"Update: We had a chance to talk to Lucid about HyperFormance and Virtual Vsync in more detail, and have updated our article accordingly. One thing Lucid has made very clear is that while HyperFormance technically improves framerates, this is not the intention of the technology. Indeed it's largely a side effect of the fact that with HyperFormance the GPU is rendering some (or none) of a frame while still reporting to the CPU that the frame has been rendered and the buffers flipped.
The principle purpose of HyperFormance is to reduce input lag, and this is a logical extension of Virtual Vsync - if something is not going to be displayed (e.g. it will be an out of date frame by the time the next buffer flip comes around), why render it? Ultimately what Lucid is doing here is a creative workaround on updating the display without always waiting up to 16ms for a new refresh cycle with v-sync, and an even more creative workaround for the fact that modern GPUs typically have up to several frames in their rendering pipeline. The end goal is to display as new a frame as possible, as waiting for refreshes and having multiple frames in the rendering pipeline both contribute to input lag.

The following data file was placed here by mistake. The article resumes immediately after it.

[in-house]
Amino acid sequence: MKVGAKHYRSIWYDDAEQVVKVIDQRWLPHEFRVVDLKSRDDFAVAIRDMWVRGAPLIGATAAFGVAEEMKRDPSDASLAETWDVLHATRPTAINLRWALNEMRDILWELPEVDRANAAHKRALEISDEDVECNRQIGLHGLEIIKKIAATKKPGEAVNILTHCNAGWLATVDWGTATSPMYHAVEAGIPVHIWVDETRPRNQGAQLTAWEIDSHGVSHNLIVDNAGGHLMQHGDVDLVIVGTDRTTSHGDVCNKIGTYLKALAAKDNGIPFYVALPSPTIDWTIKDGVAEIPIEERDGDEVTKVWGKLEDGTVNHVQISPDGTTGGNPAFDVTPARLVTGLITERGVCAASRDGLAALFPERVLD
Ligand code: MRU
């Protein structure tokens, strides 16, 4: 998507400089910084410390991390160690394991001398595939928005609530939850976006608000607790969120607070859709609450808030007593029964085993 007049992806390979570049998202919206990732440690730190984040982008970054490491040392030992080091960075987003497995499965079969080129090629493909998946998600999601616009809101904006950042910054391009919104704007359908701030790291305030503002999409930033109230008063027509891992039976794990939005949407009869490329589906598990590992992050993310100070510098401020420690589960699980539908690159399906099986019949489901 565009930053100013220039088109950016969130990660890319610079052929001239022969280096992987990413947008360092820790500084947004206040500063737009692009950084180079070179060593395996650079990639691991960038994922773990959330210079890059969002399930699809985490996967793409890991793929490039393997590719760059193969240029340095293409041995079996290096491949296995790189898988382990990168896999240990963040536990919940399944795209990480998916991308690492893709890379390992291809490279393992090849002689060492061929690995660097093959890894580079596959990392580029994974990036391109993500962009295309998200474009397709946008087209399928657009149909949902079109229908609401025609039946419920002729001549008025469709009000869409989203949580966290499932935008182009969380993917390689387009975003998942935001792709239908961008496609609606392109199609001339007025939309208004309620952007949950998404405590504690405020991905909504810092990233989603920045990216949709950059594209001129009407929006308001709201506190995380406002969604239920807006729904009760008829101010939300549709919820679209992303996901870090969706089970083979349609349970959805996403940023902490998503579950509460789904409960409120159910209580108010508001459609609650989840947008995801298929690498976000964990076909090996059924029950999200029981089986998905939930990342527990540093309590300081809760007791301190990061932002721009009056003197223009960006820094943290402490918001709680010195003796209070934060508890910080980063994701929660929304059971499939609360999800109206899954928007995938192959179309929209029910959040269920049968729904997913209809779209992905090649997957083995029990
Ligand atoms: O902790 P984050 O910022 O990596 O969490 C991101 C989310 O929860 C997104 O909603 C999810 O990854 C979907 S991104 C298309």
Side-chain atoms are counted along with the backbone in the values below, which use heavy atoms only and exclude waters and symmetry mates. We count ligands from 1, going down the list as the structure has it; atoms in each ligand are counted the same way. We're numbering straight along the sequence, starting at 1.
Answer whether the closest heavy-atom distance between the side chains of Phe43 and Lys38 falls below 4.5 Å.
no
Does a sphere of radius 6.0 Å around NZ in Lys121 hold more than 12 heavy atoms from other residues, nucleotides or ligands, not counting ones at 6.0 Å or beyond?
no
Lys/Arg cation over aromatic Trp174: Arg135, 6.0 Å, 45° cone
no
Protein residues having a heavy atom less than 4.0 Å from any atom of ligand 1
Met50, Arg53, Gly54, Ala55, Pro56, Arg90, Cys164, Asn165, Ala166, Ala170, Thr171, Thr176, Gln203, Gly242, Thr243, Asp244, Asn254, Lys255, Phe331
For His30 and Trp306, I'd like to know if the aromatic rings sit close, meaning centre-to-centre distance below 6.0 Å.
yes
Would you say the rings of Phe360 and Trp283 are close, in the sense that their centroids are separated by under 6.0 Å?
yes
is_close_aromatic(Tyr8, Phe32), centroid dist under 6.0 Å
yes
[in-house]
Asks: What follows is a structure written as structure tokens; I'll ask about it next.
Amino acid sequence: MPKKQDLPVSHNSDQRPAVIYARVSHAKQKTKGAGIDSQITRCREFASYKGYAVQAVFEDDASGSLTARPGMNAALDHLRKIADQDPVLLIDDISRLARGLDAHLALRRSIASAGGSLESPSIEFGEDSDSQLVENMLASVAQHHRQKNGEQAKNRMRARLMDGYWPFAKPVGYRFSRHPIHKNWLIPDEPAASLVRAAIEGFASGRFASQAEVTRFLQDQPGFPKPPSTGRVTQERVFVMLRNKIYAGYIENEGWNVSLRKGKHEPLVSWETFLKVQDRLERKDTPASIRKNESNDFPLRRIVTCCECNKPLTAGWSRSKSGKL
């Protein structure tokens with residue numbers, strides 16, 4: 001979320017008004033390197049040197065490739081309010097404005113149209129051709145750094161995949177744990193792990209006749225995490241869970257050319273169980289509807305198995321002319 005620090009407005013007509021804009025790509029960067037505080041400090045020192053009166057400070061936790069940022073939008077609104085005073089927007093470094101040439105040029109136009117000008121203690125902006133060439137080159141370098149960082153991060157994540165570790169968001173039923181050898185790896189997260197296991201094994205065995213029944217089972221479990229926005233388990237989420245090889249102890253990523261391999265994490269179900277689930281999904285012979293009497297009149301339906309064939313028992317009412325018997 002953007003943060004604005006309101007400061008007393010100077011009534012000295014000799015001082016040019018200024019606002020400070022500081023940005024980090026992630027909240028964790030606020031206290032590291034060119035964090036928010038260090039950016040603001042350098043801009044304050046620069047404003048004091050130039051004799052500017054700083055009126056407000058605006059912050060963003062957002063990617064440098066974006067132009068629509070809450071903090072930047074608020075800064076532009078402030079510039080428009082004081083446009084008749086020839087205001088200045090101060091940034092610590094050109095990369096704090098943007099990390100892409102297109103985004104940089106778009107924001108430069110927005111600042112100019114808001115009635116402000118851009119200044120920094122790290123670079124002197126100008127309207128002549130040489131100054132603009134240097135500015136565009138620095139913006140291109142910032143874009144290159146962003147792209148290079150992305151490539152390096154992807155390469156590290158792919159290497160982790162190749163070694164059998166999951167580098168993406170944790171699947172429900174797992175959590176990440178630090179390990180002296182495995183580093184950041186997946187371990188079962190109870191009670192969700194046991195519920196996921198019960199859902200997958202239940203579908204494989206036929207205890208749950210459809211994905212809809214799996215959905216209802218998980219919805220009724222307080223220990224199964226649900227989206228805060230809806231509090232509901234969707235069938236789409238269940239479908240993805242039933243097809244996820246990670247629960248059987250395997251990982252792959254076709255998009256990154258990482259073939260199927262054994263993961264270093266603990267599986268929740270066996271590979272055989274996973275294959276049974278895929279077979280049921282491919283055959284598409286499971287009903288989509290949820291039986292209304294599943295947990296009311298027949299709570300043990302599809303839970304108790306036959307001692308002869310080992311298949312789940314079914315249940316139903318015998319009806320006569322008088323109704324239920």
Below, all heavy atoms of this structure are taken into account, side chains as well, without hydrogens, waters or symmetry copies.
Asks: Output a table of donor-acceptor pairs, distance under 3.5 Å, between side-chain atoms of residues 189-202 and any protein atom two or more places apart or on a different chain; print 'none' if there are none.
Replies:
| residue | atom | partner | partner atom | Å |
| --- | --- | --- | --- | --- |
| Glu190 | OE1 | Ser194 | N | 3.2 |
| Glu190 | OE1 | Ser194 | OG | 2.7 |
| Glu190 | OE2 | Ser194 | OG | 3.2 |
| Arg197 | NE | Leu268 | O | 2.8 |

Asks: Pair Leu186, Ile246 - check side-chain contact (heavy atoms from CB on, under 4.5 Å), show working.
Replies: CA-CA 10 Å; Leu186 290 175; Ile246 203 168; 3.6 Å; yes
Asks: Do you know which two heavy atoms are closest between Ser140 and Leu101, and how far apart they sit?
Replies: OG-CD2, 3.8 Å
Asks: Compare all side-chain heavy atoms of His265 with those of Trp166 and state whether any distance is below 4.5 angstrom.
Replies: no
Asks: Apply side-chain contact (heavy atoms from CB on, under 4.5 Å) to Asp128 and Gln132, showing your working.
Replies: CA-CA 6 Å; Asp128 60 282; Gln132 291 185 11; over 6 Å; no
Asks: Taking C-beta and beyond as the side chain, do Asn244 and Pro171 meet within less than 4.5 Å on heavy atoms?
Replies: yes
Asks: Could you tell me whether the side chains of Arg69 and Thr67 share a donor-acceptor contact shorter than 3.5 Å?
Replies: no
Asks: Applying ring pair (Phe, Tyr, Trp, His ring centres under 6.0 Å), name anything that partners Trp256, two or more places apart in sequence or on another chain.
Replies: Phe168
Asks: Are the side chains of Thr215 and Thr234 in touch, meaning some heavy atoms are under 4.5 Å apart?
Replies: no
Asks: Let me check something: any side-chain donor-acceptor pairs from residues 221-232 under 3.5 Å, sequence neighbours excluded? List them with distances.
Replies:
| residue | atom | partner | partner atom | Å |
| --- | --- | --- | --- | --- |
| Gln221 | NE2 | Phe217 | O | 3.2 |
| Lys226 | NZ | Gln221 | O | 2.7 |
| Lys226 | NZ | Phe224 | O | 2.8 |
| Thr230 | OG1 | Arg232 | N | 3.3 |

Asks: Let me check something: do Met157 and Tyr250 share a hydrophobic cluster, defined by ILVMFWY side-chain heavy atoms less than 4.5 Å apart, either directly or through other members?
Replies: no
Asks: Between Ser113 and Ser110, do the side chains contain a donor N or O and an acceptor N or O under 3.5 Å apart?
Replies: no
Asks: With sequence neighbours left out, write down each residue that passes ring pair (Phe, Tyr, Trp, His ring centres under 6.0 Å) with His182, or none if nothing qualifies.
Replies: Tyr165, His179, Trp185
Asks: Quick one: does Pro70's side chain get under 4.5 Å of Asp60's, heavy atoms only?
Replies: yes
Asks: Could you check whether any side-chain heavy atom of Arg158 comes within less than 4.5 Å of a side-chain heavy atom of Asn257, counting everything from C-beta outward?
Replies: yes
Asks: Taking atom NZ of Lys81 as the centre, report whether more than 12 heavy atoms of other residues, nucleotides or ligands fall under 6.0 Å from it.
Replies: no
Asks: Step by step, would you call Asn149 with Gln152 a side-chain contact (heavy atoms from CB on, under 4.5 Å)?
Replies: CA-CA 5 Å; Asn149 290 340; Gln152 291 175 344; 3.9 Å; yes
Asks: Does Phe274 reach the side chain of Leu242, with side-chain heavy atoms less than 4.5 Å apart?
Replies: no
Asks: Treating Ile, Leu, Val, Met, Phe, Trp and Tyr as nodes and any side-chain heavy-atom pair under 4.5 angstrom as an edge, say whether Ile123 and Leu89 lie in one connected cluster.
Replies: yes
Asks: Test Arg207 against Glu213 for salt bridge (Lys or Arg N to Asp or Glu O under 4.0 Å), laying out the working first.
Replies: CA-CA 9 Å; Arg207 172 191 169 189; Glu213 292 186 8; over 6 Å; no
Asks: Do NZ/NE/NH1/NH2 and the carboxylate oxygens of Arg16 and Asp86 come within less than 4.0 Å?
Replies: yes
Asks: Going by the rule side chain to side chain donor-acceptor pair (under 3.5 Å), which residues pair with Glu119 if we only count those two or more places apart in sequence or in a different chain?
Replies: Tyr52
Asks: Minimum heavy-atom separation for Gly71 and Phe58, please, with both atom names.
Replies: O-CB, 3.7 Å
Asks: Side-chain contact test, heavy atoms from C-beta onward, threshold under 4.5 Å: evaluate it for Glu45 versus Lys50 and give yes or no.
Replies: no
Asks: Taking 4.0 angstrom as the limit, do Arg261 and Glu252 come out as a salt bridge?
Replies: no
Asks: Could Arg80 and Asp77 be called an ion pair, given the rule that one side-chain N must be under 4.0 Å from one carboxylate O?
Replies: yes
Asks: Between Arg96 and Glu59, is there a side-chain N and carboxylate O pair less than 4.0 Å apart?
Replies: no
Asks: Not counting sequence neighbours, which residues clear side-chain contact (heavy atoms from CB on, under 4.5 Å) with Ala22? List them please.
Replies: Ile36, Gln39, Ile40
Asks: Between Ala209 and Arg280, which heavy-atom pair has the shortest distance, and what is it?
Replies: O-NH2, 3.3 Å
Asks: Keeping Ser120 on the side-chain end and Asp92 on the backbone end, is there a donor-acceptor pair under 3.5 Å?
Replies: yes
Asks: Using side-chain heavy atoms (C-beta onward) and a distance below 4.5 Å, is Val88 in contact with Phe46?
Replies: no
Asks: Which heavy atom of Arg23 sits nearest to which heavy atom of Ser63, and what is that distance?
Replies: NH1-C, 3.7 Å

Of course it goes without saying that there are good reasons that modern GPUs have a frame pipeline, and this is primarily to smooth out the framerate so that it doesn't constantly fluctuate (creating a microstutter-like effect) and so that the CPU doesn't end up waiting on the GPU. Lucid contends that their solution can handle these issues without buffering additional frames - and thereby without increasing input lag - and it will be interesting to put this to the test once Virtu Universal MVP finally ships."